Oh John Key, you muppet

So, I had to sleep on it, but I’ve worked out what it was that disappointed me so much about John Key’s embarrassing performance in front of the UK media on Hardtalk.

John Key won’t accept that our tourism slogan isn’t reality and dismisses all the evidence otherwise. When the interviewer brings up the level of polluting nutrients in our rivers, John Key denied that there was a problem. Well, here’s what the NZ government has to say on the water quality in our rivers:

“There was a strong increasing trend overall in total phosphorus and in dissolved reactive phosphorus, … and also a strong increasing trend overall in oxidised nitrogen and total nitrogen, which all indicate deteriorating water quality, mainly attributable to expansion and intensification of pastoral agriculture.”

That’s from the Water quality trends at National River Water Quality Network sites for 1989-2007 report.

Or there’s the 2009 update to this data, with the key finding that “Nutrients have worsened”.

In fact, our water quality is so bad that this Monday, the government announced a new Clean-up Fund for water quality, with the Environment Minister stating “We have a number of significant rivers and lakes that require major clean-up investments”.

So, John Key, you’re a muppet, for denying reality.

Which brings us to how to present New Zealand overseas, given that our clean green image is a key part of our tourism. It’s undeniable that we’re running into our environmental limits, so John Key’s head in the sand approach isn’t acceptable. It we actually want to engage with this problem, and frankly, we don’t have a choice here, then there are several other approaches we could take:
1) Defensive – “Our rivers are polluted coz we grow food for you, so quit bitching at us.”
2) Sniffy – “Our standards for river pollution are much stricter than European standards, so much so that most rivers in Western Europe would exceed New Zealand’s pollution trigger limits by a factor of ten. What constitutes highly polluted for us would be clean for you.”
3) Responsive – “Yes, like every other nation with modern agriculture, we’ve got water quality problems and we’re working hard to fix them. Why, just this Monday we announced a big investment in cleaning up our rivers. Look, the New Zealand budget comes out later this month, we’re in a tight fiscal situation, there’s very little new spending, but top of the list is improving our water quality. That’s how much this matters to us.”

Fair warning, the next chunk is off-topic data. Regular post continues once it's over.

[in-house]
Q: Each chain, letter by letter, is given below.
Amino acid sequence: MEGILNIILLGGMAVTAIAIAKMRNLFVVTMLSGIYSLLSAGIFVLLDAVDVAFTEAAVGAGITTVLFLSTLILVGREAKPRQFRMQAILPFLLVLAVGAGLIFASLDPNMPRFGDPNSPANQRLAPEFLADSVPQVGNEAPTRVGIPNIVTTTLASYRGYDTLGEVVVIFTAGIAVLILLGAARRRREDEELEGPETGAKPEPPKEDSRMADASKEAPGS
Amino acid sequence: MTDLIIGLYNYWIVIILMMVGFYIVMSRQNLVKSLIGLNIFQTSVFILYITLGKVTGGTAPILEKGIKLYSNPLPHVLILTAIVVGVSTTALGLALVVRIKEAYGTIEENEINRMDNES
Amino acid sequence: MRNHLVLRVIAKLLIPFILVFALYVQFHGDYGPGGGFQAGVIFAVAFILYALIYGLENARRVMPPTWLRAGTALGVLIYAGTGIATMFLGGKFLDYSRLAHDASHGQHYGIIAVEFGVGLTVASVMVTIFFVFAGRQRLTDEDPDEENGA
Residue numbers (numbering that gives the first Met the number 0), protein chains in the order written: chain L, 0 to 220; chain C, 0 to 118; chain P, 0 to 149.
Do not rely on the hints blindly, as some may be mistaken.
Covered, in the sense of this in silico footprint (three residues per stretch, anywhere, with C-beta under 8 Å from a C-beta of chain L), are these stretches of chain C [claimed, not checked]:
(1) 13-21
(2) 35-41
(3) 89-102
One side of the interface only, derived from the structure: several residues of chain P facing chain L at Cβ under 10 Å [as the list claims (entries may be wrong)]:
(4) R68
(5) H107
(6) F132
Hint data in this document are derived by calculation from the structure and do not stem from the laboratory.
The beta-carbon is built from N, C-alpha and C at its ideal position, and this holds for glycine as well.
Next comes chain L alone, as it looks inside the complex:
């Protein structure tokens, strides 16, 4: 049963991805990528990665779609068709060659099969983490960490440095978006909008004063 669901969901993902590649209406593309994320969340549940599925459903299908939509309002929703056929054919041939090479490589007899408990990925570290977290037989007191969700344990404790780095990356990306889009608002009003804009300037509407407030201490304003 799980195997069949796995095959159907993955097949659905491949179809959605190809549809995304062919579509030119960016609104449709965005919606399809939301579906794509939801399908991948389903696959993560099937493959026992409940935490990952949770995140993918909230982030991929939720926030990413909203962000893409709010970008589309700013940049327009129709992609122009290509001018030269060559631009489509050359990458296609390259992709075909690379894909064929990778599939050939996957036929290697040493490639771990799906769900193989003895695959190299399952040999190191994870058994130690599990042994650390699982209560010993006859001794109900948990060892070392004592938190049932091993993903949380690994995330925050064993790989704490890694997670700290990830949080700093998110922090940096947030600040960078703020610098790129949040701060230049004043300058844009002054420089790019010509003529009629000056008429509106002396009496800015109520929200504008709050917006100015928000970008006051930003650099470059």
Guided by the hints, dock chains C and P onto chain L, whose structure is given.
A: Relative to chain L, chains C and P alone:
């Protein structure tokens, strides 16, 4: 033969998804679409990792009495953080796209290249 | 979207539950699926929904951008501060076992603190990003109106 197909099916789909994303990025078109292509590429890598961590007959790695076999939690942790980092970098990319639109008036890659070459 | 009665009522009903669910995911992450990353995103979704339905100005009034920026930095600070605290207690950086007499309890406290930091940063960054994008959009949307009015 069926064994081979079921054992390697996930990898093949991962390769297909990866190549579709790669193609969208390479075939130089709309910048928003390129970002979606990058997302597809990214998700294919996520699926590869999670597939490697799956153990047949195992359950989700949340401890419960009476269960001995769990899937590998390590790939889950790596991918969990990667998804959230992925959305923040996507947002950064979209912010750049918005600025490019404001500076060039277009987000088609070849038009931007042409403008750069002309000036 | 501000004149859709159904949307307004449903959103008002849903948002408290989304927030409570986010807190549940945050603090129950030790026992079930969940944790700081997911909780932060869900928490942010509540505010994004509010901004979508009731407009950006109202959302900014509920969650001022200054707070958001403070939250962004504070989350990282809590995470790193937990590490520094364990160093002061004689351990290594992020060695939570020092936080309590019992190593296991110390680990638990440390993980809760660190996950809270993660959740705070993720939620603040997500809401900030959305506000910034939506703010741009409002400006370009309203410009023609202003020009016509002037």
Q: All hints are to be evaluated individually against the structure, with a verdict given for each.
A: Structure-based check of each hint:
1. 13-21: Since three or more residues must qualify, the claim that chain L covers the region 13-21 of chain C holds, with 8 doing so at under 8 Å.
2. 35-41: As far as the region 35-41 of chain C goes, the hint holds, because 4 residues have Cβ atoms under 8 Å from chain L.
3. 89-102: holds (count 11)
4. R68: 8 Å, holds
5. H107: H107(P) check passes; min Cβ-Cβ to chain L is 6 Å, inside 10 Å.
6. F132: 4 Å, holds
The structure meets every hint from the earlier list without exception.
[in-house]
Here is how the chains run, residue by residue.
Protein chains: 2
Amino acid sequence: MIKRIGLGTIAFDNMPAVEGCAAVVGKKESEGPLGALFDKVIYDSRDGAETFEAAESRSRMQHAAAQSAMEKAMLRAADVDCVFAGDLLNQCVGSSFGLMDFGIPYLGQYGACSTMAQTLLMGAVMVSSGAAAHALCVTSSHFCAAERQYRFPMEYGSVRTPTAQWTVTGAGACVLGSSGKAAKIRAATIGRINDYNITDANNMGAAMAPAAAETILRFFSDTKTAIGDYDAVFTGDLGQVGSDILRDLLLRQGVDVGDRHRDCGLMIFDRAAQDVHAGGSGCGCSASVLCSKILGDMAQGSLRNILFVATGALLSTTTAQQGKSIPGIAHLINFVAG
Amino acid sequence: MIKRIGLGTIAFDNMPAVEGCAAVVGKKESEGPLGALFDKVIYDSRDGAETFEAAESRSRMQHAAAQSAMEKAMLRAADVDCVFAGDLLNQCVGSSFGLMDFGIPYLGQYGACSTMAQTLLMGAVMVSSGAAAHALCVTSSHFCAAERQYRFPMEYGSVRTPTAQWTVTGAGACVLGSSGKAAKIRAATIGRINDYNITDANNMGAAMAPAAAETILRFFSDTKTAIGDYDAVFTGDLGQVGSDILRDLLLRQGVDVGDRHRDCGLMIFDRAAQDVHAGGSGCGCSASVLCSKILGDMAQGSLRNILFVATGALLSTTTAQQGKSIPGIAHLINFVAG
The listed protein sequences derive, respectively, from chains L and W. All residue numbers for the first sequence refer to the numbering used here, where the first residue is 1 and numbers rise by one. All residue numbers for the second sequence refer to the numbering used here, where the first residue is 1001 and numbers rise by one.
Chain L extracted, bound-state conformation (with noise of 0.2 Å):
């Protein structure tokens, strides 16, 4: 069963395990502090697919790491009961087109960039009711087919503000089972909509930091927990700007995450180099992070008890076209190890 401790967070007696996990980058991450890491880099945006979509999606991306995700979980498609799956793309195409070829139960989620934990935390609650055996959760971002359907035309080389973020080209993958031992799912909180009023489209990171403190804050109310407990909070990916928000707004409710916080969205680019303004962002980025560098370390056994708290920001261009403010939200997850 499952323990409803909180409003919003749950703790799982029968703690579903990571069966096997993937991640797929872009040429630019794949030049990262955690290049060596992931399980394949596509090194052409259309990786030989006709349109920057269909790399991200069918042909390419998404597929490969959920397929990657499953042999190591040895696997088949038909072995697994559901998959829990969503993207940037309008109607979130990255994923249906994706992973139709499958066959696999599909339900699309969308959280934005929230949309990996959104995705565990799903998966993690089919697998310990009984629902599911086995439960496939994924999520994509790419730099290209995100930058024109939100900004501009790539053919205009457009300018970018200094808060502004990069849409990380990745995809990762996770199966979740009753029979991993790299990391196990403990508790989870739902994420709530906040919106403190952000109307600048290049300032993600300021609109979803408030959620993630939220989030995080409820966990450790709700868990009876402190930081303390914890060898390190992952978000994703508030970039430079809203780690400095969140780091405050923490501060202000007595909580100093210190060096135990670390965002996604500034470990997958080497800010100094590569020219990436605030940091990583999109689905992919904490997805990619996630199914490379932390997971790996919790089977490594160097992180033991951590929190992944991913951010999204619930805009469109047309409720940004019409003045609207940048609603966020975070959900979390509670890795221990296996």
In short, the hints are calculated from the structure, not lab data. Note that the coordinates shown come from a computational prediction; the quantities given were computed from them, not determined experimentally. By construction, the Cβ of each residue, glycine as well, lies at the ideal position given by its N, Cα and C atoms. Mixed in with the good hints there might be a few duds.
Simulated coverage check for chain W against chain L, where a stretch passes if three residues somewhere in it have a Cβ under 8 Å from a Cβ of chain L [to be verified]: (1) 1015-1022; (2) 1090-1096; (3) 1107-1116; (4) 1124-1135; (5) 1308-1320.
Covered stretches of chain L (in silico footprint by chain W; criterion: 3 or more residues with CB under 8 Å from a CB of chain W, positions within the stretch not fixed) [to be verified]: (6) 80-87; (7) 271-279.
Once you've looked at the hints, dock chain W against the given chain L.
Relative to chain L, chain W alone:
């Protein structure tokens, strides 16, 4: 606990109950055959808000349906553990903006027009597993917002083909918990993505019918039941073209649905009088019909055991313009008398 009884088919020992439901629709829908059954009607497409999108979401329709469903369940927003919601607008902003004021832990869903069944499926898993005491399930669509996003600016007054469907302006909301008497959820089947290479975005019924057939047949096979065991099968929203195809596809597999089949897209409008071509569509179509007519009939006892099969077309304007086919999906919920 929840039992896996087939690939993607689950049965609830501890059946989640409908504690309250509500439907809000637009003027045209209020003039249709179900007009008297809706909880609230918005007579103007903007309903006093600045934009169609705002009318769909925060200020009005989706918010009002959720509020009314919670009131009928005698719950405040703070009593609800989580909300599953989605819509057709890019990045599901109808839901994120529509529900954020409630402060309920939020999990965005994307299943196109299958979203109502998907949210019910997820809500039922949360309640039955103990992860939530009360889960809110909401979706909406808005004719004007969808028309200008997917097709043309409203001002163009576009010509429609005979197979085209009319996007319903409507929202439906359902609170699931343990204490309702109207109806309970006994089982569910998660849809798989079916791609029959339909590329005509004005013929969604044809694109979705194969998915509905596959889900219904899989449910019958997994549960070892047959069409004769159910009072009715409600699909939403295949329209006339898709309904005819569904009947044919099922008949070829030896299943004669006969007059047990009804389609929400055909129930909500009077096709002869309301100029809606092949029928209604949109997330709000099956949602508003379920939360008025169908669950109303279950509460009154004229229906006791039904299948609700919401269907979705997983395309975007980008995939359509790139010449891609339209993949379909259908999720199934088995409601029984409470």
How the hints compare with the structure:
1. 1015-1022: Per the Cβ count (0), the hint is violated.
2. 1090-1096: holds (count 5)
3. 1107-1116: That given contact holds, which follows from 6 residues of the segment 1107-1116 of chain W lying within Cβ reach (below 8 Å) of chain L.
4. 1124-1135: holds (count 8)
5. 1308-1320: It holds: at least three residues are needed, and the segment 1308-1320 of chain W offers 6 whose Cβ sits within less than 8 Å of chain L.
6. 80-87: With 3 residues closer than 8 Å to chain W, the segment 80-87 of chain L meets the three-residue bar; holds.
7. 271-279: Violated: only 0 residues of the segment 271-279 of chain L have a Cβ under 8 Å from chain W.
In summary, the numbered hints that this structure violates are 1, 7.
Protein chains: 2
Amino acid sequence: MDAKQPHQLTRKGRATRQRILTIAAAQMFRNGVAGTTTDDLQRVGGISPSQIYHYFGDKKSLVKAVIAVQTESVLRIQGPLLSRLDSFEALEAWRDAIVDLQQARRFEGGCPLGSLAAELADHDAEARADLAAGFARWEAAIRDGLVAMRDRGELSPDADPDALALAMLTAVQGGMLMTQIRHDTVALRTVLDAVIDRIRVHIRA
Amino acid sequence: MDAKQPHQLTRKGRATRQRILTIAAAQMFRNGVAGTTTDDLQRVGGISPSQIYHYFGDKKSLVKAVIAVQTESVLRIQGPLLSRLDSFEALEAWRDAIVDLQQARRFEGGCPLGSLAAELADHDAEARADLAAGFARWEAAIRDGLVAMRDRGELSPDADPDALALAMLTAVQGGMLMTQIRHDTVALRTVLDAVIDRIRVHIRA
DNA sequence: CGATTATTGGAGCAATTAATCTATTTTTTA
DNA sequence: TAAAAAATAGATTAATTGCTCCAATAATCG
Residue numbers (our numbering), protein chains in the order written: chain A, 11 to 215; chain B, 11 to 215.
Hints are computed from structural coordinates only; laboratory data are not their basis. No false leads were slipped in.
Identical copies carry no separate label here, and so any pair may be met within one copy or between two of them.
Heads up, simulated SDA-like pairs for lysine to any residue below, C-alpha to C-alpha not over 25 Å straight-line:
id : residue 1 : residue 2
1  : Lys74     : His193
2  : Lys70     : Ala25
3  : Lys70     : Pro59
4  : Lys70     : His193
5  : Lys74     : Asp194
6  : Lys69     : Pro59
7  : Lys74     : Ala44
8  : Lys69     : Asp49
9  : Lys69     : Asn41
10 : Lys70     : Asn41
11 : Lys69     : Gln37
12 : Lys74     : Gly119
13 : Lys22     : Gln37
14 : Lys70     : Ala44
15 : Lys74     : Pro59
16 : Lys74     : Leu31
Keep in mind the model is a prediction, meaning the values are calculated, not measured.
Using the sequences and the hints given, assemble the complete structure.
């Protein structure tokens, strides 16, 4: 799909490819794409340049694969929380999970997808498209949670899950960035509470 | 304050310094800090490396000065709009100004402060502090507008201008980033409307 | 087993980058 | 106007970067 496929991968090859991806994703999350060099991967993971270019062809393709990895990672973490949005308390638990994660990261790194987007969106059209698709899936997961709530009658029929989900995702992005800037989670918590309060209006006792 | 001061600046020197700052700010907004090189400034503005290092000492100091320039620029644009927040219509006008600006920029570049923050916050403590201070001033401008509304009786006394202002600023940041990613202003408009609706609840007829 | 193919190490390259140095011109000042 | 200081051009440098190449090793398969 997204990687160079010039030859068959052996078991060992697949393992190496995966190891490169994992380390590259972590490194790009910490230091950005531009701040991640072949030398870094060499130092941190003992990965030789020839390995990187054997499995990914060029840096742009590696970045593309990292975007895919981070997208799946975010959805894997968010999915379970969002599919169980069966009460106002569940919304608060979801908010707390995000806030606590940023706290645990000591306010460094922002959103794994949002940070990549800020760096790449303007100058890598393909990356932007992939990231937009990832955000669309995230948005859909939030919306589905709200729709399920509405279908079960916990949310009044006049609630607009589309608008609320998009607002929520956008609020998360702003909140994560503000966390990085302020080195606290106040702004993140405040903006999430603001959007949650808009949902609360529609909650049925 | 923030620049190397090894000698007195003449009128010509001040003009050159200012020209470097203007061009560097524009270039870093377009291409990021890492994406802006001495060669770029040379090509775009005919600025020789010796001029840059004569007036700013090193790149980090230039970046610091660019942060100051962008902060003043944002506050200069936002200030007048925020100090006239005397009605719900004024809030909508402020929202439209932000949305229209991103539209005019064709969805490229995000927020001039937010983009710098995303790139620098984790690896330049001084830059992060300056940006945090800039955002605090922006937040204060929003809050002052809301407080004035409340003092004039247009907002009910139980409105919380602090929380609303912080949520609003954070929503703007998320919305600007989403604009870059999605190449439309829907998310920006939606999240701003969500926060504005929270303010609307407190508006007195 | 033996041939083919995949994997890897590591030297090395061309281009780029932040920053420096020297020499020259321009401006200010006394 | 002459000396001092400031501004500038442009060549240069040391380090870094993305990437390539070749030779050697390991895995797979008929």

Or we could, you know, just fix the problem by requiring farmers to pollute rivers less. Instead, Key’s government this week released an entirely watered-down freshwater policy statement. If we haven’t got real policy, and we haven’t, then the Key government’s solution seems to be good PR, so I think we can expect a combination of 2 and 3 as a protective layer of bluster.

27 thoughts on “Oh John Key, you muppet”

  1. just fix the problem by requiring farmers to pollute rivers less

    I seem to recall the previous government trying to do something about this, but the farming lobby screamed so loudly that they were given long enough to fix the problem that it could be safely ignored for another decade (or two)…

    1. Yeah, Fonterra & Federated Farmers pushed the last government to do very little about this, where “very little” means the Dairying and Clean Streams Accord, an entirely voluntary agreement that farmers should do something about it, at some point in the future. The 2009/10 progress report shows that the dairying industry has met two of the five targets it was supposed to meet by 2007. Whoops.

      Still, there are farmers and then there’s Federated Farmers, and the two are not the same. I get the impression that lots of farmers are less resistant to doing something about it than the Feds.

      1. I would agree, with the caveat that lots of farmers would probably prefer not to have to spend large amounts of money they don’t really have on things that won’t increase their income.